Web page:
A big issue I had with Stick of Truth was its difficulty — namely, it lacked any. I never really had to use special moves or items because the game just didn’t offer up much of a challenge. I don’t think Fractured ups the difficulty in any significant way, but it does offer more variety in enemy and boss types. Because of the grid system, there are plenty of different strategies that enemies can employ. A policeman, for example, might charge up over the course of a few turns and then run back and forth in a straight line, dealing massive damage to anyone in his way. This allows you to maneuver your characters to avoid his attack. It isn’t crazy deep, but it’s a start.
The bosses are a bit of a different beast in Fractured. I actually found myself quite frustrated on more than one occasion. Before a fight, you can pick and choose from around a dozen different party members — though not all are unlocked for any given battle. Different heroes have different move sets that can be very ill-suited for a boss’ tactics. There were a few times where I died more than once trying to find the right combination of kids to deal effective damage or avoid the enemy’s attacks. This concept isn’t new for JRPG players, but in a game where combat is typically so easy, it’s frustrating to die only because I didn’t know enough about the impending battle. I can see how the ability to switch out party members mid-battle might mess with the game balance, but that knowledge doesn’t make dying any more fun.
Still, this is a small gripe, because the boss battles themselves are insane and often hilarious. There’s a reoccurring bit where Kyle’s cousin, other Kyle, comes in and out of fights, trying to help. He sucks, so he just ends up stopping the momentum of the combat and hurting himself. It happened maybe ten times to me, and after each one, I thought, “this won’t be funny the next time” — but it was. He also comes back toward the end of the game in a big way, and I couldn’t believe how freaking crazy the scenario was.
There still aren’t many side quests of note, though what’s there is at least funny and involves some fan-favorite characters. They mostly amount to fetch quests, though. Thankfully, the main story is robust and varied enough that other distractions aren’t necessary. Though my playtime ended up similarly to Stick of Truth — a bit over 20 hours — Fractured feels longer than the first. Part of that is due to there being more story, but it also just feels longer. The whole thing is still enjoyable throughout, but I was ready for it to end a few hours before I hit the credits.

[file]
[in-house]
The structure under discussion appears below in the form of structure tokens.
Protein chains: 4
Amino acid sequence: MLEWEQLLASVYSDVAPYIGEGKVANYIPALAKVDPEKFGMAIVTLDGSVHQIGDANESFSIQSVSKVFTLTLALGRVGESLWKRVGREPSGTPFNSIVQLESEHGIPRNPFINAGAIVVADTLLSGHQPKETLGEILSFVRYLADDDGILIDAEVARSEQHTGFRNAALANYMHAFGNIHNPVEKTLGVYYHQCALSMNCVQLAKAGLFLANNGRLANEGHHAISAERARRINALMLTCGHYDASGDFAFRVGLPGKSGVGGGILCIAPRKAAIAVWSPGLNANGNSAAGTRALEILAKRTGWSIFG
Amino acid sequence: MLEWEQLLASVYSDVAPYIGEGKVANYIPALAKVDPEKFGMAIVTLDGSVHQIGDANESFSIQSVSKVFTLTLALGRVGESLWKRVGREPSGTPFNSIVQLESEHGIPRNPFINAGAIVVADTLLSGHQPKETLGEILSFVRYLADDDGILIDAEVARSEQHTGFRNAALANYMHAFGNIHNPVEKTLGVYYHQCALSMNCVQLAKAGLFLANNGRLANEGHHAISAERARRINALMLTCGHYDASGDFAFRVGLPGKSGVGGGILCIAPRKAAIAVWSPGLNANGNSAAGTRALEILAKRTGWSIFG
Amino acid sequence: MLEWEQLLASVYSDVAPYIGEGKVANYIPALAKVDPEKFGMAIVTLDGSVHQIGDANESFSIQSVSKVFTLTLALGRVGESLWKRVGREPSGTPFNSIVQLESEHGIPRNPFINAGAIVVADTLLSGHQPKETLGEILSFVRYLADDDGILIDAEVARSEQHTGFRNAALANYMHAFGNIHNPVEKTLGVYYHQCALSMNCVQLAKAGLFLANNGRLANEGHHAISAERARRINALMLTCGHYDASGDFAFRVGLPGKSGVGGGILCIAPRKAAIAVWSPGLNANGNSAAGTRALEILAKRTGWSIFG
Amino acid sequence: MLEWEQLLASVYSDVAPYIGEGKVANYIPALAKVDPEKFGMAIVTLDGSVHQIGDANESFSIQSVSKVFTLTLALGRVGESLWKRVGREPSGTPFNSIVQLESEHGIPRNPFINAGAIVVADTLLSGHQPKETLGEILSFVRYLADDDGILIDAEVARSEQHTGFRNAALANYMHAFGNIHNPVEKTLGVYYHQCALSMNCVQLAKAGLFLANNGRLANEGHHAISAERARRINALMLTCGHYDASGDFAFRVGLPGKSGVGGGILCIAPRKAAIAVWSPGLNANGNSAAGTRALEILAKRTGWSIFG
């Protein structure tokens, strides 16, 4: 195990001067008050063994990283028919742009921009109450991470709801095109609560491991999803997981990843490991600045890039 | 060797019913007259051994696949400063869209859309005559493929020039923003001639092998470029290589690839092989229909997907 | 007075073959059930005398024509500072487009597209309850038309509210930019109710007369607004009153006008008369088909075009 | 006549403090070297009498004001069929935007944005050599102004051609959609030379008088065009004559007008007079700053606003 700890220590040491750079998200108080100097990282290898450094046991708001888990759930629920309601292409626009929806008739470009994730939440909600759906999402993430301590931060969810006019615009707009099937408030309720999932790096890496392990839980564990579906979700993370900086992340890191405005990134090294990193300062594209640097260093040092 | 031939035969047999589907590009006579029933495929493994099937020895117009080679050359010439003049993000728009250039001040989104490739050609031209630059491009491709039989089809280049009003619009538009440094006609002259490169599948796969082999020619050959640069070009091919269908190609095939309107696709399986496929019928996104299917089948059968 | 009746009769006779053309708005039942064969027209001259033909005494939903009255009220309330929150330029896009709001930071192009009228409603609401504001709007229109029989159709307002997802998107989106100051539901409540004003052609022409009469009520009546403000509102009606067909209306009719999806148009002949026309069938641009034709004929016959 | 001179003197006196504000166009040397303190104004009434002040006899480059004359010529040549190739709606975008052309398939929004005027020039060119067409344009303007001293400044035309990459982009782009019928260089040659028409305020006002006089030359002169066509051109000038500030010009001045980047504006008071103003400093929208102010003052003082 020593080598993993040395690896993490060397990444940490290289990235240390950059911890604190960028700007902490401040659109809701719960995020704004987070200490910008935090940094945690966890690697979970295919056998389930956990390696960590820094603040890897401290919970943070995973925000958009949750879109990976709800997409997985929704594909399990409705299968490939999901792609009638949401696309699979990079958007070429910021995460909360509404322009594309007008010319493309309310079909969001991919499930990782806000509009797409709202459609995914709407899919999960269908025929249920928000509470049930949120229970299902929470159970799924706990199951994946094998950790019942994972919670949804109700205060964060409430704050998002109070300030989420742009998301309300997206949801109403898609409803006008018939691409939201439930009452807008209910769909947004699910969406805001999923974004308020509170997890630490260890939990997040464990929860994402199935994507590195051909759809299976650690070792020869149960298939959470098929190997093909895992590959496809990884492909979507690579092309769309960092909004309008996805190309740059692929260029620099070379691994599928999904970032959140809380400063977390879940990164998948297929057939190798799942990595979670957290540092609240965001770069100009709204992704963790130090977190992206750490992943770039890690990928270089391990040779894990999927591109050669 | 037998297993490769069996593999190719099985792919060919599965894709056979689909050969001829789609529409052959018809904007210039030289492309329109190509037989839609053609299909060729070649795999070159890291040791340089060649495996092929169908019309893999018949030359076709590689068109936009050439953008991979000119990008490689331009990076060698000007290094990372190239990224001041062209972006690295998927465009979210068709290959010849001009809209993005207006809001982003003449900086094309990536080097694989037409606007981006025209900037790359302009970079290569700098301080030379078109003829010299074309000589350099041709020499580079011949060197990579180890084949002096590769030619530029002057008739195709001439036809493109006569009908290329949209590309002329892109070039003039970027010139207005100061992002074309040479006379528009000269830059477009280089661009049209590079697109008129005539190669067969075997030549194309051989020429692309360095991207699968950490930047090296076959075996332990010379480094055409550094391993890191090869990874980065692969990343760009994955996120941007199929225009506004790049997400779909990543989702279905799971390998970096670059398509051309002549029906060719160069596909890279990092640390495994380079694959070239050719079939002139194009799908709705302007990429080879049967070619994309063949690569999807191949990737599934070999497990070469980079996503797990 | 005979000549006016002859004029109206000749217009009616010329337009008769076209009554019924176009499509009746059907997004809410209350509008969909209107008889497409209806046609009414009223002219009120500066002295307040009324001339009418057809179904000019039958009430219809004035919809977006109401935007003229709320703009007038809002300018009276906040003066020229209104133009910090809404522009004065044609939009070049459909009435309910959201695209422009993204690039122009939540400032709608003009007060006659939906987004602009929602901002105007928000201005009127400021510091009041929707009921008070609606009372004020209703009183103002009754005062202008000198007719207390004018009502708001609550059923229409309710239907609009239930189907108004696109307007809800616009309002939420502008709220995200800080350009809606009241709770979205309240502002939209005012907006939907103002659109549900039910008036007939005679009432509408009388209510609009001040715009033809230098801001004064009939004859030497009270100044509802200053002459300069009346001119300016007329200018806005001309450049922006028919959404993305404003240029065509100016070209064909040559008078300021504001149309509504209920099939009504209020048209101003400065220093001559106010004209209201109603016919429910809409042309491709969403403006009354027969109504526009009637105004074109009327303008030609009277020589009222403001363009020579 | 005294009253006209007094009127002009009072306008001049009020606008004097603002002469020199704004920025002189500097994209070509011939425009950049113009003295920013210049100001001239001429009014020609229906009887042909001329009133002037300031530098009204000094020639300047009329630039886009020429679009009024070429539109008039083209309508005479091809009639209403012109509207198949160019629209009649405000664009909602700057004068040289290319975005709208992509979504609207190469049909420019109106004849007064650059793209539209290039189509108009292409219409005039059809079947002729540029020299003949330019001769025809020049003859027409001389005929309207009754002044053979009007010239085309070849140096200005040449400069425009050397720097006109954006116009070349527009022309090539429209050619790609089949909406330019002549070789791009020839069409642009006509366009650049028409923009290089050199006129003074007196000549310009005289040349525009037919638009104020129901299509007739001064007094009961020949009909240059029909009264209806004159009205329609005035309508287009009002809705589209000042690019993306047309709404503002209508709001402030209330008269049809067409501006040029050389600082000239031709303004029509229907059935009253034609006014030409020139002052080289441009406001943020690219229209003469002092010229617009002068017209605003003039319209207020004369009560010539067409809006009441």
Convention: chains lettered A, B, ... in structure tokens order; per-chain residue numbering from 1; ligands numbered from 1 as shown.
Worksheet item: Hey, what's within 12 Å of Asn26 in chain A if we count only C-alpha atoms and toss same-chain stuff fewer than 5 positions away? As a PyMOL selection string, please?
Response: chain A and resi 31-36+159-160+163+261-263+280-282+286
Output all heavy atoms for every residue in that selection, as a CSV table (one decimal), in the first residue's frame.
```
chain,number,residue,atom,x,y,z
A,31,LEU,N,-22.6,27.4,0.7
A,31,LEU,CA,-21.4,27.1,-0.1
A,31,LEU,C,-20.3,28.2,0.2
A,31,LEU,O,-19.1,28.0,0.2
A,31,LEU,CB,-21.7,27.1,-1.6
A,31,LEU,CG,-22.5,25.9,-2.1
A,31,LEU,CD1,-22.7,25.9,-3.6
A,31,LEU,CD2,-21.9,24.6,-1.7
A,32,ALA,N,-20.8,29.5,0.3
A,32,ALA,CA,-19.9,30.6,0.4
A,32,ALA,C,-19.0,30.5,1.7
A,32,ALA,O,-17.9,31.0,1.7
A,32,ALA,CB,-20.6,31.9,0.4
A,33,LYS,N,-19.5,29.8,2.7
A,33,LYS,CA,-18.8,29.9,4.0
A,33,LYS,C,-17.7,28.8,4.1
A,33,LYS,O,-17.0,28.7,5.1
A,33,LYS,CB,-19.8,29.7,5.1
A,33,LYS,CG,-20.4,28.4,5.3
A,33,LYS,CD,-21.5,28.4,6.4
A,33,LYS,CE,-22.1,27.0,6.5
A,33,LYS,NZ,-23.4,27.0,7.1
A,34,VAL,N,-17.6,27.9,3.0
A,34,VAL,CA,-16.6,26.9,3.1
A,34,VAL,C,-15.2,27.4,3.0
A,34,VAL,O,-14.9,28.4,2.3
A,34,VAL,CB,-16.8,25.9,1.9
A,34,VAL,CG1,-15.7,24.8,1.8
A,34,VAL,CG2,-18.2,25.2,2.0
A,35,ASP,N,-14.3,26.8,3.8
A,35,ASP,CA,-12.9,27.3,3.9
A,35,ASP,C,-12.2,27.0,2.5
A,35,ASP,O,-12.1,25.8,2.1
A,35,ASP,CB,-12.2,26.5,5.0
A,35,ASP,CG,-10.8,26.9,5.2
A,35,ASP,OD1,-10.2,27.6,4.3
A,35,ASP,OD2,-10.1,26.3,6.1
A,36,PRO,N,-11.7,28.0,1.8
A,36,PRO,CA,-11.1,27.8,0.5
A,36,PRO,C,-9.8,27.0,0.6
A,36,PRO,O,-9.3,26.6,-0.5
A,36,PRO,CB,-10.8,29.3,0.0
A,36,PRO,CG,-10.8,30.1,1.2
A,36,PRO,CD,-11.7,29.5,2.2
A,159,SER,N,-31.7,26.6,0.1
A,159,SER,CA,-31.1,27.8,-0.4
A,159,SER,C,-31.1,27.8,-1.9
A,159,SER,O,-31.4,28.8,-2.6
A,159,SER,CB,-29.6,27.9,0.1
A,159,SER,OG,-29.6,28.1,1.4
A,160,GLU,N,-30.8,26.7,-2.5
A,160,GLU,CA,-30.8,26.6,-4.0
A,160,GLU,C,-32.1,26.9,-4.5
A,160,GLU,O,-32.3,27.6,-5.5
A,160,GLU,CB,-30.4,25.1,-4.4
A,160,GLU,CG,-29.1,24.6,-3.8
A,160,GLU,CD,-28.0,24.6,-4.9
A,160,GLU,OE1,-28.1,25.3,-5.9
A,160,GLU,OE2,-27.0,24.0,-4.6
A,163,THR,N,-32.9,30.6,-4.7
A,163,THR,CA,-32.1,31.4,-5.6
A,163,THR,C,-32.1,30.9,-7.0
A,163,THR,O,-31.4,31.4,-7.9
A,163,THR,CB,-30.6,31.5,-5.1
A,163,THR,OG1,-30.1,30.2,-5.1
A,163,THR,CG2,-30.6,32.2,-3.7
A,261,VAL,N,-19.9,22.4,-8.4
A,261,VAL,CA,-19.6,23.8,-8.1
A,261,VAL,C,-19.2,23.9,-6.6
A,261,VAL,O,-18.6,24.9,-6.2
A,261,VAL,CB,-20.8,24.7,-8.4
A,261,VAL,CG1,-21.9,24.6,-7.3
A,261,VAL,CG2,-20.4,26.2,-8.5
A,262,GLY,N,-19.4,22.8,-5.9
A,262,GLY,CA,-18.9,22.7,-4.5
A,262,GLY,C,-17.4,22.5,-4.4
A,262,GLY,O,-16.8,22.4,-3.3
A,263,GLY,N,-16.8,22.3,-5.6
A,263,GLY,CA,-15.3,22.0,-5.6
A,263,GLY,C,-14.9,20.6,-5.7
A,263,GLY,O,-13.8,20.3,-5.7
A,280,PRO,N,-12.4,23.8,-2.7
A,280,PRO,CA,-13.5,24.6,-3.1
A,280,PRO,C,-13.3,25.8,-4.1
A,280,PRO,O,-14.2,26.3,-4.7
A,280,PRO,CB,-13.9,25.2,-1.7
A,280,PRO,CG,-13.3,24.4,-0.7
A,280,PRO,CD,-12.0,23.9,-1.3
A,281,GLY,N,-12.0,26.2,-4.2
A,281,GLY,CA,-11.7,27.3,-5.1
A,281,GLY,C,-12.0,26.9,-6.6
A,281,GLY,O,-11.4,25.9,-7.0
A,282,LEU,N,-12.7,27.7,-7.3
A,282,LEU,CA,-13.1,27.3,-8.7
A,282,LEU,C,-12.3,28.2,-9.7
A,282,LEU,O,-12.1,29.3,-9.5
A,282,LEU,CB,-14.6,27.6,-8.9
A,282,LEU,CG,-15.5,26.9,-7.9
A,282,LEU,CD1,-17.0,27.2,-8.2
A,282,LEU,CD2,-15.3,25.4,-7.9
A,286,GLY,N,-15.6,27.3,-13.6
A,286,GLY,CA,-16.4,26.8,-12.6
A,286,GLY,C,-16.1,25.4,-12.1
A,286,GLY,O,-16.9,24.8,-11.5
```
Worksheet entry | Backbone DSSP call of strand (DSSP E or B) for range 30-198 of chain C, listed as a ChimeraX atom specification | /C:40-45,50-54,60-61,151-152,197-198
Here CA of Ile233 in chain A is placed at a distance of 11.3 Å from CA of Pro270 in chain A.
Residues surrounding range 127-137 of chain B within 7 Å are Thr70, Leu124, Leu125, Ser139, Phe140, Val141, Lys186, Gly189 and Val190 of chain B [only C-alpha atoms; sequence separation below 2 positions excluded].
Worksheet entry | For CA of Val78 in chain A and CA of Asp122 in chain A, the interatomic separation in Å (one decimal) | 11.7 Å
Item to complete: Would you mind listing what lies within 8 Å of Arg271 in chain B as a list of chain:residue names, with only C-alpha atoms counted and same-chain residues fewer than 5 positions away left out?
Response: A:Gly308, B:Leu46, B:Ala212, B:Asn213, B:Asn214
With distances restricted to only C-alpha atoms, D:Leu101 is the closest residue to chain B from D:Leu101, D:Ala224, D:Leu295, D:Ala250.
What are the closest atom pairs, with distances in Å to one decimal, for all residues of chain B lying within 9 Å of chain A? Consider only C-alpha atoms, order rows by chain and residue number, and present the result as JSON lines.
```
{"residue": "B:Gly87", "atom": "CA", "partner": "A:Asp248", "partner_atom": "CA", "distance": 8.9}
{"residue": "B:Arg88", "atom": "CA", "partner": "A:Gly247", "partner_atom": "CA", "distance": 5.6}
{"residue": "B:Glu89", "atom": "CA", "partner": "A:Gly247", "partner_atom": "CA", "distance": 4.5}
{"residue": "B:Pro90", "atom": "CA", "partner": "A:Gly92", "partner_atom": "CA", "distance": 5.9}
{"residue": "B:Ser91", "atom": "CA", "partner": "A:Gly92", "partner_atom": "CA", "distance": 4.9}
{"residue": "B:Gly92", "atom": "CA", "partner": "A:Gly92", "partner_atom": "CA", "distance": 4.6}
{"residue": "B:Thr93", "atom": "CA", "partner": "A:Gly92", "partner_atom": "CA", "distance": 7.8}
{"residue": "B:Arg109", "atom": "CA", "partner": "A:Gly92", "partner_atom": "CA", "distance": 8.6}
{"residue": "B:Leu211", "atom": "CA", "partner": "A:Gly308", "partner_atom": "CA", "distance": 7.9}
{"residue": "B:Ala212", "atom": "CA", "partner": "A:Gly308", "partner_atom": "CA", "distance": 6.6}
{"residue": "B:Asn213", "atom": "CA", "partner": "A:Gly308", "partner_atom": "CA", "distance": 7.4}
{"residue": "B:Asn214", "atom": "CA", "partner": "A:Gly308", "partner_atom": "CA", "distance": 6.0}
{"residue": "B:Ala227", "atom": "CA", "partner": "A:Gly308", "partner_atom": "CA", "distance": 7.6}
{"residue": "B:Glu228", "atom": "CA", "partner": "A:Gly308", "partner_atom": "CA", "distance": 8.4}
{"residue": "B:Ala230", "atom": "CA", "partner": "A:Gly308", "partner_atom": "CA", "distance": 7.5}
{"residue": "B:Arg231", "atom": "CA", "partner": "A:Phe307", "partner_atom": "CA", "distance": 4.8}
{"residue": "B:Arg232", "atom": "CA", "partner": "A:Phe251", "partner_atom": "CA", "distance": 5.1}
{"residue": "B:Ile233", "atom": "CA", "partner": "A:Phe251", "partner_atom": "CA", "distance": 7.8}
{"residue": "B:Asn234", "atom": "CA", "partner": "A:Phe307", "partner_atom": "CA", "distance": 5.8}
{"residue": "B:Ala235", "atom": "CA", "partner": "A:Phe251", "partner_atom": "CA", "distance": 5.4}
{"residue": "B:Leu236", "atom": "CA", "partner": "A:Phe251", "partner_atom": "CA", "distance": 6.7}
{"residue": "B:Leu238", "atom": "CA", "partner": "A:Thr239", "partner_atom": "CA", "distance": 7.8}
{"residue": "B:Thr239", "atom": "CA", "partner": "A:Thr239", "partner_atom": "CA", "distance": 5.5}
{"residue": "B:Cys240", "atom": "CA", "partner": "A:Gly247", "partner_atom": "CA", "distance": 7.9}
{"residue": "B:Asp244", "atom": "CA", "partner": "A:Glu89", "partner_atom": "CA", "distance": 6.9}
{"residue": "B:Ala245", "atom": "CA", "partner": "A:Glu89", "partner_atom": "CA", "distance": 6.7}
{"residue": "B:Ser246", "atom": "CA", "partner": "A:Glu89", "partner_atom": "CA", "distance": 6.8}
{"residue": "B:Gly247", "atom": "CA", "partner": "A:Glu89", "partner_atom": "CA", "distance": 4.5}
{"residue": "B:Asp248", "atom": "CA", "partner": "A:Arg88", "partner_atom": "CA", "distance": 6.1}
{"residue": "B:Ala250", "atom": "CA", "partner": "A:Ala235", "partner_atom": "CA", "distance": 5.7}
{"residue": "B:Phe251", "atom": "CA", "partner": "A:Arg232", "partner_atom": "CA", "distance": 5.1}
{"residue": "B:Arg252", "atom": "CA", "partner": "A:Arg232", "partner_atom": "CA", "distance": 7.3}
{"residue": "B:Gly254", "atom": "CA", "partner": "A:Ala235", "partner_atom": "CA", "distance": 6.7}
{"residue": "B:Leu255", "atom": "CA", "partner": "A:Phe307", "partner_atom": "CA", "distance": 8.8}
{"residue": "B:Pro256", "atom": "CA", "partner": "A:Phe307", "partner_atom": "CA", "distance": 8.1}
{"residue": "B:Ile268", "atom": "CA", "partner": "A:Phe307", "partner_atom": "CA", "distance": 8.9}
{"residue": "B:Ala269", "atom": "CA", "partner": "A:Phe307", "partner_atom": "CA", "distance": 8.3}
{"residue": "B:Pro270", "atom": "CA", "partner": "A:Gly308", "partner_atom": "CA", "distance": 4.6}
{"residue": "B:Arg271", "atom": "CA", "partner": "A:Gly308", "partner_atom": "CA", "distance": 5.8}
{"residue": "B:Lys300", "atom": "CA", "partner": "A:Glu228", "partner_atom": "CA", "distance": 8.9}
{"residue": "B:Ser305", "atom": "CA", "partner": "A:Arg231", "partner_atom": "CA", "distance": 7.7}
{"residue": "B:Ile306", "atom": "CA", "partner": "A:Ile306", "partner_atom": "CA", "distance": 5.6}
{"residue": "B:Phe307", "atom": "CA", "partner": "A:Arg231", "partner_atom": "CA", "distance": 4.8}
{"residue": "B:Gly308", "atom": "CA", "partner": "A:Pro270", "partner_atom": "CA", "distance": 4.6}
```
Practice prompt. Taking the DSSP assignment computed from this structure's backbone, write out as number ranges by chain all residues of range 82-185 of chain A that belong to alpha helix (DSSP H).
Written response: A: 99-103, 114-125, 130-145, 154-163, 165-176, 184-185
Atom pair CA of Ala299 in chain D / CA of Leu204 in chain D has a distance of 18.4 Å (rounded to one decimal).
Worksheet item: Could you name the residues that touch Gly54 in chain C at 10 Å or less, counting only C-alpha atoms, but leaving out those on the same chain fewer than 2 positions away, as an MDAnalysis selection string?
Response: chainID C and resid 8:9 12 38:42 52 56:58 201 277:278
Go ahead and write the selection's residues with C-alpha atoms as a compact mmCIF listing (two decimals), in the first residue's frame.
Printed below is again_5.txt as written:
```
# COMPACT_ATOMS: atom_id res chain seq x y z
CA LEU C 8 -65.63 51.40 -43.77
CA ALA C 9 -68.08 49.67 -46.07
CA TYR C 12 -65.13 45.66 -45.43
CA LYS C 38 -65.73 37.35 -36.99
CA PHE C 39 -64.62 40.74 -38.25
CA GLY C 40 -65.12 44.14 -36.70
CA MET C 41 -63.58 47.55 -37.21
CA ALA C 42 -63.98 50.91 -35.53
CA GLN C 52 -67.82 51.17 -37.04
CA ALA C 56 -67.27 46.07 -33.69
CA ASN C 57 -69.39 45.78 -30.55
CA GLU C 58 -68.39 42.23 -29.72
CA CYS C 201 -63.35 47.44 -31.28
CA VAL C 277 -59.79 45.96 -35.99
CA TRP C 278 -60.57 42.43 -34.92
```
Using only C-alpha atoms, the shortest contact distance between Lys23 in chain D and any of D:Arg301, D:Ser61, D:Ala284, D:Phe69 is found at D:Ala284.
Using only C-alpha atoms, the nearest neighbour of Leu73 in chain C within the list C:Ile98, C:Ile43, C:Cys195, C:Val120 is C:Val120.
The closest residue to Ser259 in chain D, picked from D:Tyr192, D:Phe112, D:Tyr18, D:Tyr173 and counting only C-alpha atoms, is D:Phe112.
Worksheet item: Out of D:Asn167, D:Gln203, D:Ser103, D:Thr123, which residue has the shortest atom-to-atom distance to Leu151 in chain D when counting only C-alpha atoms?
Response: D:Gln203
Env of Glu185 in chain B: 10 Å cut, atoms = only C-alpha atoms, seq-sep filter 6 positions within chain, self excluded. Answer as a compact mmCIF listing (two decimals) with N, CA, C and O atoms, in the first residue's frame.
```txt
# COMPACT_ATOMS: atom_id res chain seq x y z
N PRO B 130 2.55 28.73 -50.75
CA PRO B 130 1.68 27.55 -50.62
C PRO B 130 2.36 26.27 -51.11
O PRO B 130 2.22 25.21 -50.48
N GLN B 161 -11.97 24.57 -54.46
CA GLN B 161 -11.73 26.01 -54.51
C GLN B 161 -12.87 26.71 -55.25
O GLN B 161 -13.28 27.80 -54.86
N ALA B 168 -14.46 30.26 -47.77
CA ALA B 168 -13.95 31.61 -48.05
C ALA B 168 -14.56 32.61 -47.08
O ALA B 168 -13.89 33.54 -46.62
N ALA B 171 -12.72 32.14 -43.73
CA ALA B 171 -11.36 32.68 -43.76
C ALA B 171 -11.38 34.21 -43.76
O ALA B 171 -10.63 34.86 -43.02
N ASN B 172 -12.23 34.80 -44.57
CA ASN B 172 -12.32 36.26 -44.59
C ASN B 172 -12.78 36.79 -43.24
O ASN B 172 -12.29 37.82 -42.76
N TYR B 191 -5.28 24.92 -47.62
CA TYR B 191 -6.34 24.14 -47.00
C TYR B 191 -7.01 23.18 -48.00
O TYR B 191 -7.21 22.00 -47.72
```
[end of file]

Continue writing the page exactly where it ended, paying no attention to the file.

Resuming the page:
As I said up top, some of the first-time fun is gone after playing Stick of Truth, and that’s most obvious in the writing and story. After a strong start setting up the circumstances, I found myself losing interest after playing for a few hours. But once the story gets going, it really gets going. Fractured does rely more on recent South Park jokes than the previous game, and I don’t think I’m alone in thinking that the recent seasons don’t hold up to the originals. If you like the more recent stuff, you’ll probably find a lot of the callbacks more enjoyable than I did. But don’t get me wrong, I still laughed out loud on multiple occasions. If you like South Park, there’s no reason not to play this game.
So, where does South Park go from here? Obviously, there’s no guarantee we see another game, but with Ubisoft now fully behind the franchise, it’s probably safe to assume. Personally, I’d love to see them take on sci-fi next, with some Mass Effect and Star Wars influences. Leave your opinion in the comments below, and be sure to check out my other video game reviews!